A popular performance concept is to gather top musicians of one particular instrument and have them play off each other in a live or studio setting. The final results can be a bit too monochromatic, as the hyper-focusing restricts broader sounds, and can rob songs of their aural diversity, making it tough for mainstream jazz fans to digest.
This is admittedly a generalization, but unlike the piano, the range of the double bass is more limited, since it was designed as a supporting instrument of the rhythm section, and when placed up front, it requires a skilled musician to exceed the instrument's physical limitations, and create a balance between tones, textures, and clarity for the melodic material.
The three bassists assembled for this 2005 performance – Arni Egilsson, Niels-Henning Oersted Petersen, and Wayne Darling – manage to transcend those confines, though part of their success comes from the discreet but involved support from drummer John Hollenbeck, and pianist Fritz Pauer.
Cuts like “Whoopie Do-Whoopie Don't” are a great mix of resonance, rhythm, and nuances, and exemplify some of the marvelous colours that can be achieved when the double bass is played by a virtuoso. Multiplied by three, and you get distinct performance styles that further colour the DVD's 10 pieces.
“Whoopie,” for example, shifts from a groovy intro from Arni Egilsson to an un-metered break, with atmospheric tinkling from the percussionist, and Egilsson switching from fingers to bow. The tune kicks back into gear, and Nils Pedersen is captured by the cameras as he renders his own solo. It's a significant point early into the concert because the cameras capture the intense physicality of the huge instrument, and the musician's need to involve so much of the upper body to render a multitude of notes.
Drummer Hollenbeck also gets a lengthy moment for a beautiful solo with drum sticks and a bare hand, and one sees how one musician can swirl up and boost the onstage energy level, and inspire the next soloist to take it even further. In the case of “Whoopie,” it ends after the drum solo (a pity, because it's a piece that could easily have gone on for another stretch with the pianist and bassist Wayne Darling contributing their own solos), but the short piece sets up the funky atmosphere of the hour-long concert.
The evening's pieces are individually captioned (noting the soloist), and while most of the audience announcements have been more or less excised (a bit too abruptly, sometimes right in the midst of audience applause), a few have been retained, including Wayne Darling's cheeky intro to “Unfinished Business.”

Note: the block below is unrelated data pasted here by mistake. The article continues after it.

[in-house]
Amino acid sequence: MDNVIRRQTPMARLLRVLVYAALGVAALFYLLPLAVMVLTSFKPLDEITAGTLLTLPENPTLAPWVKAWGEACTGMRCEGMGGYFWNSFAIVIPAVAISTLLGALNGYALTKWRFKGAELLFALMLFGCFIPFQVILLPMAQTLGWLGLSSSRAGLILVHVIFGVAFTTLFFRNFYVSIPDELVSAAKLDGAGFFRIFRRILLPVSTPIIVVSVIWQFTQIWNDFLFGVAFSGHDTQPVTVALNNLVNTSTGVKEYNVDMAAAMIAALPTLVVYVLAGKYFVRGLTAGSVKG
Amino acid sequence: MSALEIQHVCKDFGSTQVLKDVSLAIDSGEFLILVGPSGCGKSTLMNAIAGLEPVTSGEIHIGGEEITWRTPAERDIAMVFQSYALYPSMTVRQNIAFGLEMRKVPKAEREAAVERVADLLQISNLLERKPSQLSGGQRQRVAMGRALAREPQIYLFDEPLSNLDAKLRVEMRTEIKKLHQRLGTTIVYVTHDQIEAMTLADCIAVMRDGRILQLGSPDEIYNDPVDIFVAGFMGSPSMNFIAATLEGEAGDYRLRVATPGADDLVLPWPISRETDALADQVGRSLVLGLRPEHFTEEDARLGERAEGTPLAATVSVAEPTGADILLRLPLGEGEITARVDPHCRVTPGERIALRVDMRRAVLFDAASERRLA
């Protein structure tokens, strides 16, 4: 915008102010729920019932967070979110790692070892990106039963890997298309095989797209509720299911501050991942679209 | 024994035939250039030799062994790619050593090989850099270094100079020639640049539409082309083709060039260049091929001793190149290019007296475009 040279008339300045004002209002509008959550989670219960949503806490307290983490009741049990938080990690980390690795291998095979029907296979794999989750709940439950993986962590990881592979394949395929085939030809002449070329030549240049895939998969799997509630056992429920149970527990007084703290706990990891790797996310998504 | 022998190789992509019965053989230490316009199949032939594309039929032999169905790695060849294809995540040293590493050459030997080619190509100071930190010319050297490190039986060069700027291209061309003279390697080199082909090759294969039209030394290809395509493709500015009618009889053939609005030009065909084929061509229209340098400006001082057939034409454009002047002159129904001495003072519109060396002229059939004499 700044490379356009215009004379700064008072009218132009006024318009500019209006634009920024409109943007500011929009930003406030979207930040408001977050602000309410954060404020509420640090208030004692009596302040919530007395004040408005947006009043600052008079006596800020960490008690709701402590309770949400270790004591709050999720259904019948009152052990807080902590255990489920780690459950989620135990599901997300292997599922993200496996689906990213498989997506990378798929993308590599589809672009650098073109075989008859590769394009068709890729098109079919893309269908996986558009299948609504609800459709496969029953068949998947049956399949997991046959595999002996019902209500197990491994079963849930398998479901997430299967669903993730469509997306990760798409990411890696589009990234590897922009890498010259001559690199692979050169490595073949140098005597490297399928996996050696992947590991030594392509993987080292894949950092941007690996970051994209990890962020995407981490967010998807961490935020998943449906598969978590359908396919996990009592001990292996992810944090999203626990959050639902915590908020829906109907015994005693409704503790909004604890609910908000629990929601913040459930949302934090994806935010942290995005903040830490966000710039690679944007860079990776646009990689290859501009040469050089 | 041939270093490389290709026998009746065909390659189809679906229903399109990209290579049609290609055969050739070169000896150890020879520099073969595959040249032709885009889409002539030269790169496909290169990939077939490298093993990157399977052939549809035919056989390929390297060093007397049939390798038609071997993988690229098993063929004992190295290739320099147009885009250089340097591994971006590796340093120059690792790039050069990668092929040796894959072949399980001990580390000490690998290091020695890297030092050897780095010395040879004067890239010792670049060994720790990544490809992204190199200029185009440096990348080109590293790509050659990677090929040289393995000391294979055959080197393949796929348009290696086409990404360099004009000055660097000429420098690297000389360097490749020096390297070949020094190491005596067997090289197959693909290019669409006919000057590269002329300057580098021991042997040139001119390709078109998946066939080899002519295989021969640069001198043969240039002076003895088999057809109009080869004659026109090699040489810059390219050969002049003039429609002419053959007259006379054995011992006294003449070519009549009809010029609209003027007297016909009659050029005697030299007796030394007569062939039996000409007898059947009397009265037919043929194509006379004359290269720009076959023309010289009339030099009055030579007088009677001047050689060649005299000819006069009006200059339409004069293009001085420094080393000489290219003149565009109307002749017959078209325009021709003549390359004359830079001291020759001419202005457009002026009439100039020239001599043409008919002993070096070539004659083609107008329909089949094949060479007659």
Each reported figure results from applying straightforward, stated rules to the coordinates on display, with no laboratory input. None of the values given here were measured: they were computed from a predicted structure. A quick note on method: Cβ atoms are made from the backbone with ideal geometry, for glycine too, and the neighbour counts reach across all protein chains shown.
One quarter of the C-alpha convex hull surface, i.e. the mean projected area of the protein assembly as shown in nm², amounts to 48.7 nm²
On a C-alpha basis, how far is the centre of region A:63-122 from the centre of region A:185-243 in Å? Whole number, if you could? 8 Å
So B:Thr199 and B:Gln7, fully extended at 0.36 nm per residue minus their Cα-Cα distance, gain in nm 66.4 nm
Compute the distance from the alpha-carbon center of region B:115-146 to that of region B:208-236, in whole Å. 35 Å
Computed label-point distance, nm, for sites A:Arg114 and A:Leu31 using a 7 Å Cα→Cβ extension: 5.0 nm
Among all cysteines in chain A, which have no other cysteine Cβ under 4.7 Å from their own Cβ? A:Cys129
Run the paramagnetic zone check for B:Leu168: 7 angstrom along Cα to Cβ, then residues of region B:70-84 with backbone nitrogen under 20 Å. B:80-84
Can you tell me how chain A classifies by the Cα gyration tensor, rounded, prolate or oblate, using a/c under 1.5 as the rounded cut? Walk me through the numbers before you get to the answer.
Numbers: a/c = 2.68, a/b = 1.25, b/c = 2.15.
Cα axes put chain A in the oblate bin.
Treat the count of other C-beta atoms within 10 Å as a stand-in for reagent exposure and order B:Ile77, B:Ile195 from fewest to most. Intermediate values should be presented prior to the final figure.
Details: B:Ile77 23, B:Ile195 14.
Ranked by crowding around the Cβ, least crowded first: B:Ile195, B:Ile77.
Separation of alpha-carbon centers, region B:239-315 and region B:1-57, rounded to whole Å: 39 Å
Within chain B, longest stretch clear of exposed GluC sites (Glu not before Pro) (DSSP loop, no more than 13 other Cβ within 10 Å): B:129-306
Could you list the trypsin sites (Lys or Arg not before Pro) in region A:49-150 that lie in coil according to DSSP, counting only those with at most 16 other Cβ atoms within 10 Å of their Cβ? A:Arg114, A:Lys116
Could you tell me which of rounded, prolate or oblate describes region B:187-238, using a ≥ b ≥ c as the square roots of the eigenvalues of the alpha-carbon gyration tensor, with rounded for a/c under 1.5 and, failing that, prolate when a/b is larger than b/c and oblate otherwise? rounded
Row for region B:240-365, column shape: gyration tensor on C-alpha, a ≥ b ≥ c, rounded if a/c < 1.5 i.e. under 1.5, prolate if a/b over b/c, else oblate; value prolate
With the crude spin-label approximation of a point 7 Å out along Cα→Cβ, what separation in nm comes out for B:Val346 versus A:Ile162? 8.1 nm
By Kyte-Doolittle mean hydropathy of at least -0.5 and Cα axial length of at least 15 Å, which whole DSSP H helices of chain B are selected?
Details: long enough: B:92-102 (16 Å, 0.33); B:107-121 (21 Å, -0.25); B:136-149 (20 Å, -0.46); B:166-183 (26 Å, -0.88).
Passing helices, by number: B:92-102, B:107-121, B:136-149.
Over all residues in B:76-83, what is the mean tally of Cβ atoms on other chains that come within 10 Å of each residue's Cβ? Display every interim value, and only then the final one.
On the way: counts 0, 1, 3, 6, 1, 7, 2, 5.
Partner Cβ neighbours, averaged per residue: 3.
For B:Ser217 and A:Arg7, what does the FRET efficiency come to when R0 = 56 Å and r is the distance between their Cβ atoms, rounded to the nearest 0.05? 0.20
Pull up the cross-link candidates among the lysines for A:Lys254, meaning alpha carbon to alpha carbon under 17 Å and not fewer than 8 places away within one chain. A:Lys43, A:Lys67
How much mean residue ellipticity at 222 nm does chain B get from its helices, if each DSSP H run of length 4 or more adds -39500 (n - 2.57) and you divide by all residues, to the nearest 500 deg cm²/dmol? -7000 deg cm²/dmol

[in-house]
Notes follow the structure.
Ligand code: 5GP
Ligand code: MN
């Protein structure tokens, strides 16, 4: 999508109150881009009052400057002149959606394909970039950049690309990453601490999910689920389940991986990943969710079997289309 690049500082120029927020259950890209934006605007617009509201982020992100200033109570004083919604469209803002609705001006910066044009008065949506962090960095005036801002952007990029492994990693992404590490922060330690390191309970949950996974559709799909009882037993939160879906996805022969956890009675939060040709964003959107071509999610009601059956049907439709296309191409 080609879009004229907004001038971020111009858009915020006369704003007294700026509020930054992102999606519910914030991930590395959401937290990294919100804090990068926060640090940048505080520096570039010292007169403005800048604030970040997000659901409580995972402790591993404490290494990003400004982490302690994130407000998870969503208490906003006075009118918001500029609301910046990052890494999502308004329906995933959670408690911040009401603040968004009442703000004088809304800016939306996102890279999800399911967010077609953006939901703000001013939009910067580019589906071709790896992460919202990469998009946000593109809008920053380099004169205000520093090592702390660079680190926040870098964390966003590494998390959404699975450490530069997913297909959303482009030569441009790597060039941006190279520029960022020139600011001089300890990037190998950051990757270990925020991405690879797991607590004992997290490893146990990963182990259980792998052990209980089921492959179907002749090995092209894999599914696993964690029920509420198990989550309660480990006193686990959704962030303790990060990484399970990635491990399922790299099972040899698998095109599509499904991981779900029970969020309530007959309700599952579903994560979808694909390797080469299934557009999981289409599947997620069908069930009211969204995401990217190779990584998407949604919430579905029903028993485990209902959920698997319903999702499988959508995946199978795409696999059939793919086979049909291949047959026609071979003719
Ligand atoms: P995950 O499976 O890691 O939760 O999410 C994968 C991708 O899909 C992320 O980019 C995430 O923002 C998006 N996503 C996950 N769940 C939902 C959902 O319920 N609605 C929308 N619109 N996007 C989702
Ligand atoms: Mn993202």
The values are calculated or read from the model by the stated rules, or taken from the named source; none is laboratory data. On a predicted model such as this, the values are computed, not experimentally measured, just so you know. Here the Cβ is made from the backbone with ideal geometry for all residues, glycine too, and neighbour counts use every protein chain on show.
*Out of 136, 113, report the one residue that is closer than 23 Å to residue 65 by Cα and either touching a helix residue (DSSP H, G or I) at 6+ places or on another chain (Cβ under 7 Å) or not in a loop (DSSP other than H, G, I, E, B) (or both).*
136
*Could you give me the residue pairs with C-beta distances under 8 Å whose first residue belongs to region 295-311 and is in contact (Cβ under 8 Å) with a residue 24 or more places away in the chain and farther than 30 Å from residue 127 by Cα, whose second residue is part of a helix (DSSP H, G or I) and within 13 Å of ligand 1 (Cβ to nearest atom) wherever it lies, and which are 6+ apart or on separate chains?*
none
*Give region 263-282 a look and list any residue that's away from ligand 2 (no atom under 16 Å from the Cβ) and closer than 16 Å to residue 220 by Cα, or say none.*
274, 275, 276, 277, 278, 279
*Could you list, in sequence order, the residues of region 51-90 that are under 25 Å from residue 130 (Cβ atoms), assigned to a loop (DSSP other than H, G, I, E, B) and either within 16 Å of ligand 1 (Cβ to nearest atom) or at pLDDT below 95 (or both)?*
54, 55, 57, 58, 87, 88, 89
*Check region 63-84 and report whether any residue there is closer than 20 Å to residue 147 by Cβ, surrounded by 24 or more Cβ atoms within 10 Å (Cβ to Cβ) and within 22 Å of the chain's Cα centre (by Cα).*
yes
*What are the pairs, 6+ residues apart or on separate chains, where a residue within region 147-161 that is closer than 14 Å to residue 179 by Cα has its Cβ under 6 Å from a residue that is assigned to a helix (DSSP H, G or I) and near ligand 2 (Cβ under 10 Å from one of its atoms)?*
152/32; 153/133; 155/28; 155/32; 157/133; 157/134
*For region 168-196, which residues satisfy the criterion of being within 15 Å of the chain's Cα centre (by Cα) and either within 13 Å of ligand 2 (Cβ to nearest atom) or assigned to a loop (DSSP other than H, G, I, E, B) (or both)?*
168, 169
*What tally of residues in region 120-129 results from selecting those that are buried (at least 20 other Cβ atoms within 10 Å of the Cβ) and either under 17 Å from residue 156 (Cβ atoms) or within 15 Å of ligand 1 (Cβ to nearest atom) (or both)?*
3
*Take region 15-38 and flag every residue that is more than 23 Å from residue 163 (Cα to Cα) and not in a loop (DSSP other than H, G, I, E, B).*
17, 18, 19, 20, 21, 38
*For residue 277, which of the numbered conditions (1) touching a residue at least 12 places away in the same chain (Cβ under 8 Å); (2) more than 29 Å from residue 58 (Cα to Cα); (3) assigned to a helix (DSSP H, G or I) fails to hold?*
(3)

Darling's solo performance shows off some beautiful tonal shades, plus his own scat singling; the effect delights the audience, and causes Darling to emphasize some strong moments of vibrato on the bass, and vocals that shift from slow & easy to a few sudden shrieks. It's all in good fun, and the cameras also focus on Darling's fingering which produces some extended, marvelously sinewy notes.
The DVD features a stable colour balance from the PAL to NTSC conversion, and while some long and wide shots are a bit soft in focus, the concert's orange-red and blue tinted lighting scheme is well-balanced.
One note of caution is the stereo 2.0 audio, which has audible distortion beginning from the third indexed track. It's unclear whether it's from a mixing board problem, a bad mike placement, or originates with the master edit, but there are distinct moments when the audio fuzzes with noise from specific tone hits and volume levels, adversely affecting an otherwise excellent concert by three top bass players. (This problem is also audible in the excerpt of a Louis Armstrong doc, extracted in the DVD's Quantum Leap trailer gallery. None of the other trailers , however, are affected with the same distortion.)
The DVD's extras include a very short collection of interviews with Arni Egilsson (commenting on writing music for three string basses, the odd investment that began his musical career with the bass, working with the Iceland Symphony, and playing jazz); Wayne Darling (whose own bass debut actually began on the tuba with the Count Basie Orchestra, but shifted to string bass after attending a concert with the Oscar Peterson Trio); and Niels Pedersen (who talks about being part of a three-bass band). The segments are very brief, but the DVD's bio notes manage to sketch out the careers of the three veteran bass players.
DVDs in the Live in Vienna series include Barre Phillips, Rufus Reid, Duncan McTier; Arni Egilsson/Niels-Henning Oersted Petersen/Wayne Darling, and Miroslav Vitous.
Also released simultaneously from MVD Visual is The Oscar Peterson Trio: Live in Berlin (1985), featuring Peterson, drummer Martin Drew, and bassist Niels Pederson.
© 2007 Mark R. Hasan